My great grandfather, George E. Hart, was a very wealthy man who owned a lot of land on the North Shore of Long Island, where I grew up.

Owning a lot of land comes with it some unexpected consequences, namely in the form of taxes.

You have to either sell off a piece to pay for the rest, or give it away in trade for things you want.

But once you've clear cut it for timber, it's hard to hold on to and continue to pay for unless you can make some income.

Not too many people were living where his land was at the time, so there wasn't much demand for housing.

So in order to make income from the land, he planted orchards.

Great Granddad (told to me by my father, he and my grandfather had a falling out and never spoke, may they all rest in peace) had a saying:

“An orchard is not one tree.”

He further explained thusly:

“I don't plant one tree and say ‘there’s my orchard'

I plant 1000 trees knowing full well that some will live and some will die.

And here’s the rub…

I have NO EARTHLY IDEA which are which beforehand.

So I must plant many and water them all.

To in the end have a thriving orchard that bears much fruit.”

When I started my hedge fund, Hartwood Capital, I named it after one of his orchards, which is now a development called Hartwood on the Sound.

It's still there, just down the street from his house and my grandfather's house today.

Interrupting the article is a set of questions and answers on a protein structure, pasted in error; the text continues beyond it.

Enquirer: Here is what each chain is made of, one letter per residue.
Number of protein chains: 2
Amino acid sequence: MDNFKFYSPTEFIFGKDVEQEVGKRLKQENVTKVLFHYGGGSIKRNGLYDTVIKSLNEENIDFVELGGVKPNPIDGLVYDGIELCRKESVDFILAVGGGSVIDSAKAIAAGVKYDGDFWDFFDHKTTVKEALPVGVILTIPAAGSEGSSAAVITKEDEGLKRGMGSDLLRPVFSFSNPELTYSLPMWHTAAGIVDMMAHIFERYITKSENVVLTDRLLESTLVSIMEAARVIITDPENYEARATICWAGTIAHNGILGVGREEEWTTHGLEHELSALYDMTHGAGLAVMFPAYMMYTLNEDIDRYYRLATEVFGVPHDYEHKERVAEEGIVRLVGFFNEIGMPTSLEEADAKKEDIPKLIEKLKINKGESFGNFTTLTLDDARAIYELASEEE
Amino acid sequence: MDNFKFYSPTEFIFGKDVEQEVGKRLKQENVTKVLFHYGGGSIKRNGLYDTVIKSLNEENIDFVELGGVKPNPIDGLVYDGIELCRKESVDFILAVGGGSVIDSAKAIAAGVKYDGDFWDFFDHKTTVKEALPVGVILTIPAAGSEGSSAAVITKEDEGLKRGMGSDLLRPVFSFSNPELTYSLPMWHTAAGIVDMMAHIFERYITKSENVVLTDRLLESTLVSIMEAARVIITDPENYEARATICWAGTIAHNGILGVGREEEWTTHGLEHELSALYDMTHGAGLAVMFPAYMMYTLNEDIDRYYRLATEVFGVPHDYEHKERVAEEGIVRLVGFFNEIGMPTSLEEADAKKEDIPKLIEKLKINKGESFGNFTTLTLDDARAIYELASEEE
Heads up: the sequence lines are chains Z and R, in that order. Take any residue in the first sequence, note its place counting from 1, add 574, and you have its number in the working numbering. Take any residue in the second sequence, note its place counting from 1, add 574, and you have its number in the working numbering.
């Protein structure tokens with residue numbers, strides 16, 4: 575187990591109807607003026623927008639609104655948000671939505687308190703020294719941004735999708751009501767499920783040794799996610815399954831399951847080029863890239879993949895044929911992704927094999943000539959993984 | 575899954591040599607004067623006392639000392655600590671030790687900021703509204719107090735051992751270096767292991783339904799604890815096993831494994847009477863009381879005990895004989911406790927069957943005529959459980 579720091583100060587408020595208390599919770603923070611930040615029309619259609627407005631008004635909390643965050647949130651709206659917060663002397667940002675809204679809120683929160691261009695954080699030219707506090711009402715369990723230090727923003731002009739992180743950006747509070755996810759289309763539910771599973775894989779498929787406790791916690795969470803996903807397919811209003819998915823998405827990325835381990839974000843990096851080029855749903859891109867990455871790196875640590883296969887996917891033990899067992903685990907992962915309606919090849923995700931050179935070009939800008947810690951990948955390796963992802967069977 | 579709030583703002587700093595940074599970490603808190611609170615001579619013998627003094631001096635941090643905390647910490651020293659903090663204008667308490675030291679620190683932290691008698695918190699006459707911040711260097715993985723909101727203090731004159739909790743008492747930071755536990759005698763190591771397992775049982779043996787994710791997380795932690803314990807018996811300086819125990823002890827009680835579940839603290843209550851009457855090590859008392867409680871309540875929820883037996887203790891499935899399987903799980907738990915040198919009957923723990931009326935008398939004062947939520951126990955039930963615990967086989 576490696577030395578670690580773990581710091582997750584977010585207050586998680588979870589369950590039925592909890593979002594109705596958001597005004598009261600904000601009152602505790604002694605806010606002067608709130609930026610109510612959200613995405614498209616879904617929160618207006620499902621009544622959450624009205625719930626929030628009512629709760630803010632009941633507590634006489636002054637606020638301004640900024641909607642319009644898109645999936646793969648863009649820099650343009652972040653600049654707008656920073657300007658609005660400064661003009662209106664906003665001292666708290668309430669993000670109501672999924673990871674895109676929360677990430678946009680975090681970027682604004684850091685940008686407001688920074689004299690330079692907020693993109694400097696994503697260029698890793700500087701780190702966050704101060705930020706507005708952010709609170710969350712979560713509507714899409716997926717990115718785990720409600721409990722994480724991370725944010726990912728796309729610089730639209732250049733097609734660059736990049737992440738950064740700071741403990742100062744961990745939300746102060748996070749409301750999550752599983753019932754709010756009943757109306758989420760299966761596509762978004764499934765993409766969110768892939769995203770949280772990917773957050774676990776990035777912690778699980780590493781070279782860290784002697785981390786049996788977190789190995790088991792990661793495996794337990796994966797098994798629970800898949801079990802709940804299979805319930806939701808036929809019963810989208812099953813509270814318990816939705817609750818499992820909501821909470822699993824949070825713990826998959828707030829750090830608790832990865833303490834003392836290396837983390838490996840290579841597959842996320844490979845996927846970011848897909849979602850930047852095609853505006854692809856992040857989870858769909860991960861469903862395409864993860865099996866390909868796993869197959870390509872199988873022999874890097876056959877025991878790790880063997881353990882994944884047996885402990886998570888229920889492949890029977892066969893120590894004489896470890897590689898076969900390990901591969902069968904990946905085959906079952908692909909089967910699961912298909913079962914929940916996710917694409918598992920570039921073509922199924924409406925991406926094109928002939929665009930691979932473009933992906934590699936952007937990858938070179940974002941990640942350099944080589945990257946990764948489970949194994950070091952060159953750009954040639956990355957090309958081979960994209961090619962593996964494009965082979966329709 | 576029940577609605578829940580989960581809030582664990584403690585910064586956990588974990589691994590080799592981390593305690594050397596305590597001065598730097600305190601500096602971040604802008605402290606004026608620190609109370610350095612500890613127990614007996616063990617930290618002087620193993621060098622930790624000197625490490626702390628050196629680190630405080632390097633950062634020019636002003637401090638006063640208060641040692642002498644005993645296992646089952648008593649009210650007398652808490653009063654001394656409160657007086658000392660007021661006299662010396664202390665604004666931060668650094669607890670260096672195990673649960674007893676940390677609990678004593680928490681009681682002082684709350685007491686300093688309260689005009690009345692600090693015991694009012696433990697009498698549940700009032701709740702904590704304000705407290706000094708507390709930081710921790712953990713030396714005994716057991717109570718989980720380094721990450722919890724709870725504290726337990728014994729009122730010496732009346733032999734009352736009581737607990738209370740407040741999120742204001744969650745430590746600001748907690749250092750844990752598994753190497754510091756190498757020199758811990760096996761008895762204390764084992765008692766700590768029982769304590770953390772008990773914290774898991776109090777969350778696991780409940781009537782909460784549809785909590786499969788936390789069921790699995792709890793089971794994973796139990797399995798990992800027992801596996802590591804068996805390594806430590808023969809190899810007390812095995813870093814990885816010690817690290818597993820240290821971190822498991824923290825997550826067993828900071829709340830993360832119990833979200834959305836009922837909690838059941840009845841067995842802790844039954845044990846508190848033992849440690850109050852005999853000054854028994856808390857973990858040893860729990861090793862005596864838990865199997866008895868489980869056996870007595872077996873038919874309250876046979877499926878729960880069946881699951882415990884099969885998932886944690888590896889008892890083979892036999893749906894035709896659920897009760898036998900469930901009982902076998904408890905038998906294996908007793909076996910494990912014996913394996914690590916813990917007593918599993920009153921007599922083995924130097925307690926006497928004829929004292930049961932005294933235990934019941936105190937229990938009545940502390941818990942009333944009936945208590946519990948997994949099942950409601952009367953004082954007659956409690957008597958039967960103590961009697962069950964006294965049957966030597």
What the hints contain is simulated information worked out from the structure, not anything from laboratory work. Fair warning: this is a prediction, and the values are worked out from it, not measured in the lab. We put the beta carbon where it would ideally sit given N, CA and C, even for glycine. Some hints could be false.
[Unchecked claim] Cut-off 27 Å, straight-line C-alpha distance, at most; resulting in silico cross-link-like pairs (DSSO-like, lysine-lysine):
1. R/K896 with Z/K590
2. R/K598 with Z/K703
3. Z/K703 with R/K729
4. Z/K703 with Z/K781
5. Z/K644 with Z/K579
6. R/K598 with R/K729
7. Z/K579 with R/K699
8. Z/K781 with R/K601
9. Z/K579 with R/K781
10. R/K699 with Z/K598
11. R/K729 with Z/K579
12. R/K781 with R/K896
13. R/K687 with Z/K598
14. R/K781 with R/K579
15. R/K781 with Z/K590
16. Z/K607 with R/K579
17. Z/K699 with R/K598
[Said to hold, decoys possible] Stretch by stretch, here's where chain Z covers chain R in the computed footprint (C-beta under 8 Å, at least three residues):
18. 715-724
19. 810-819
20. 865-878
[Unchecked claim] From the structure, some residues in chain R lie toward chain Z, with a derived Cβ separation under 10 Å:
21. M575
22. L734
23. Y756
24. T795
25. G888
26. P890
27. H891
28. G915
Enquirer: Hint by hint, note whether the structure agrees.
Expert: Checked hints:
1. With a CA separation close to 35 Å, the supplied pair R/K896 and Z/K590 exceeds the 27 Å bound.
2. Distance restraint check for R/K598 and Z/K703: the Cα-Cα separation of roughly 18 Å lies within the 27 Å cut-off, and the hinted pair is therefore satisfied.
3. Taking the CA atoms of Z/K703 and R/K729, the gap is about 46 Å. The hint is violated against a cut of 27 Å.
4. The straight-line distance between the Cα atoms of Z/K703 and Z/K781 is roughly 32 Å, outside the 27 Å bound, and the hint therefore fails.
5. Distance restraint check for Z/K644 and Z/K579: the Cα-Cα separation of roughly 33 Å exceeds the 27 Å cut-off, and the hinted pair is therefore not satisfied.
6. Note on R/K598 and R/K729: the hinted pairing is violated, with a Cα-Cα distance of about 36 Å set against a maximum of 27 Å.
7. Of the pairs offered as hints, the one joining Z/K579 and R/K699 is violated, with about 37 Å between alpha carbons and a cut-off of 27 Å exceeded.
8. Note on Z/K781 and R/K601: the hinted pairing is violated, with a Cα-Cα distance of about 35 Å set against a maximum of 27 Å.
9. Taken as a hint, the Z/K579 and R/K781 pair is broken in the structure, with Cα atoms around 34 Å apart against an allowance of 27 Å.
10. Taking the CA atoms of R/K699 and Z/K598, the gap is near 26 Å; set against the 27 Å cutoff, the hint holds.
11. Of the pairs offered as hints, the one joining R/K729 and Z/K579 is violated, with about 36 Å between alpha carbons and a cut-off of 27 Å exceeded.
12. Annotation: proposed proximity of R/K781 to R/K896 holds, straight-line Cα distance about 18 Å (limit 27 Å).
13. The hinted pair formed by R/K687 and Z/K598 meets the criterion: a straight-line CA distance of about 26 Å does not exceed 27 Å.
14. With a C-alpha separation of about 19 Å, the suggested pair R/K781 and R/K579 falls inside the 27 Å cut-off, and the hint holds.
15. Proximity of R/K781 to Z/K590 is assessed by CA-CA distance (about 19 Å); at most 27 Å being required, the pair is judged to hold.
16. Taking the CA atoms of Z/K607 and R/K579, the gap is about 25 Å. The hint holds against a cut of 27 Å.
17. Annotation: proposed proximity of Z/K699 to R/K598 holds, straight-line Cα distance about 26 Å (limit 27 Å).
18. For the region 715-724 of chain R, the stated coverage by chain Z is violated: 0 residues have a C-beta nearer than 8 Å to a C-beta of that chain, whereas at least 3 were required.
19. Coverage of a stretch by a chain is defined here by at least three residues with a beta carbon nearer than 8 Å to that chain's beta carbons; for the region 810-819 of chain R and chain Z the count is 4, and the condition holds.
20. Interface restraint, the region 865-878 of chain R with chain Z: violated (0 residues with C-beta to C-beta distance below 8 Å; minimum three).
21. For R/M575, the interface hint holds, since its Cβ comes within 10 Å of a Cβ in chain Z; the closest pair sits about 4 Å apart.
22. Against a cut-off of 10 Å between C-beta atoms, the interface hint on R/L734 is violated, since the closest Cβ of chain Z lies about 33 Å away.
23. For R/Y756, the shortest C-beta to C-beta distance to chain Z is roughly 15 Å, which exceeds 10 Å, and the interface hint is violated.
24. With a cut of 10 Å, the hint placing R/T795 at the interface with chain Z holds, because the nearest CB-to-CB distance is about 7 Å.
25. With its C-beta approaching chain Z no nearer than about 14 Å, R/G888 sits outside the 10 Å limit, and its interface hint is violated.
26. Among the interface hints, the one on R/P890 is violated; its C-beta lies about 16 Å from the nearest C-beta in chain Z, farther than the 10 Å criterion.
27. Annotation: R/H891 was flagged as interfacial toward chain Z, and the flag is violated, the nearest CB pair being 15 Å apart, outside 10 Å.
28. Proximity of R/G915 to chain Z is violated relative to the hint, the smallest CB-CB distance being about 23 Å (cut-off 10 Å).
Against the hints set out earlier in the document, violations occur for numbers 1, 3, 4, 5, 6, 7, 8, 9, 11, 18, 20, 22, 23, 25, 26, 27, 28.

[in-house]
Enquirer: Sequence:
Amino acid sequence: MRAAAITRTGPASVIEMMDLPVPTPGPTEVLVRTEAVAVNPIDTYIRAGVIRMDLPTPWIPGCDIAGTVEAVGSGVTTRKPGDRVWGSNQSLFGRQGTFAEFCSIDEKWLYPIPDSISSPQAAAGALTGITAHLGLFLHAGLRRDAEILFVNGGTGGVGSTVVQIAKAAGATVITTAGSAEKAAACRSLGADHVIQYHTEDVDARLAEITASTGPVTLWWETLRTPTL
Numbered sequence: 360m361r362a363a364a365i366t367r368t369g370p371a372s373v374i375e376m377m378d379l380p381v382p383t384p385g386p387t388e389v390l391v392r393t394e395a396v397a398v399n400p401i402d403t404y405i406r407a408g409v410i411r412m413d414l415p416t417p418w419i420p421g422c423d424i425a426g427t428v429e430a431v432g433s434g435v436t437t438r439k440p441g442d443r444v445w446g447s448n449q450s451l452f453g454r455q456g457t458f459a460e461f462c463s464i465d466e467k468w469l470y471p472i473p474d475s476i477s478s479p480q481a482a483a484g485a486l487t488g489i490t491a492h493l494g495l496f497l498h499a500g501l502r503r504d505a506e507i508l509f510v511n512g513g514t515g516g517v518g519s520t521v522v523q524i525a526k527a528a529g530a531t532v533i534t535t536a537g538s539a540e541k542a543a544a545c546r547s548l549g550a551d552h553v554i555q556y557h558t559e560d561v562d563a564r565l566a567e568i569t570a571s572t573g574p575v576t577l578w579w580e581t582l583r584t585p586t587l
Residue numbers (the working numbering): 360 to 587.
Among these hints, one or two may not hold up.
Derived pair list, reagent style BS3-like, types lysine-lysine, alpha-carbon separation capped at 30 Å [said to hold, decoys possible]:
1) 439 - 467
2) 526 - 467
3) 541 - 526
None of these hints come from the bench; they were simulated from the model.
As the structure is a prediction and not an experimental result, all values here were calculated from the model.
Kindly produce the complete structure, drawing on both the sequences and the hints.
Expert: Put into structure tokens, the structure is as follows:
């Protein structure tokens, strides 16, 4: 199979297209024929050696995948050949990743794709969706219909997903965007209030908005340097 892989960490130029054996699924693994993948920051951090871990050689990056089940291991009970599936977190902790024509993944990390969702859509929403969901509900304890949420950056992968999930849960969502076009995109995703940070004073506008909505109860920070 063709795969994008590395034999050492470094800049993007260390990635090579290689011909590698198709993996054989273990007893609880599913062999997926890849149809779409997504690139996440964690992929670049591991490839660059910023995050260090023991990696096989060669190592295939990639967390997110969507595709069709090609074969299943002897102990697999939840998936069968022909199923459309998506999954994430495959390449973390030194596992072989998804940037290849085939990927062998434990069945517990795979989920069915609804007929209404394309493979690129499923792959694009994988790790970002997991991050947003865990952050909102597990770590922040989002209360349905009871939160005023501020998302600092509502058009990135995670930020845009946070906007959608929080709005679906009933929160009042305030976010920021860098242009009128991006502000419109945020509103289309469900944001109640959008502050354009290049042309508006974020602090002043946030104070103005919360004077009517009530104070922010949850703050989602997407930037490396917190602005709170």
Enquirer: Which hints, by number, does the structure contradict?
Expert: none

The lesson is a wise one and one I tell often, because too often we are hung up on one decision, one path, one trade, one investment, one choice…

When we should just do the best we can, make it and move on.

Or better and more aptly put:

Diversify our efforts, our income streams and our investments.

Plan for some to not work out, and in aggregate we are still ok.

We must make the best decisions we can with the information provided, without getting analysis paralysis.

One choice is not a choice at all.

Two choices is a dilemma.

Three options is the optimal number to consider.

If you can't get there with three, you're probably procrastinating, afraid or overthinking it.

Instead, try this: choose the best of the three (based on what you know right at this moment)

Or better yet, ask three trusted advisors for their best recommendation.

In this way, you can make a high probability decision, freeing up stagnant energy, attention and time to make more decisions.

There is always another choice to make.

The most successful people in the world make far more decisions more quickly than the most unsuccessful, and they also fail more.

But they ALSO win more than the most unsuccessful.

It's not about getting it right every time.

Don't lose sight of the forest by focusing on the trees.

Put still another way:

Life isn't about hitting grand slams all the time.

It's about getting up to bat more and increasing your hit rate over time.

Even the best hitters in the world strike out 7/10 times.

But what they DON'T do is sit in the dugout wondering if they should step up to the plate or not.

And since they're willing to try, their chances of hitting that grand slam increase exponentially.

Remember always… one tree does not an orchard make.

I love you, thank you.


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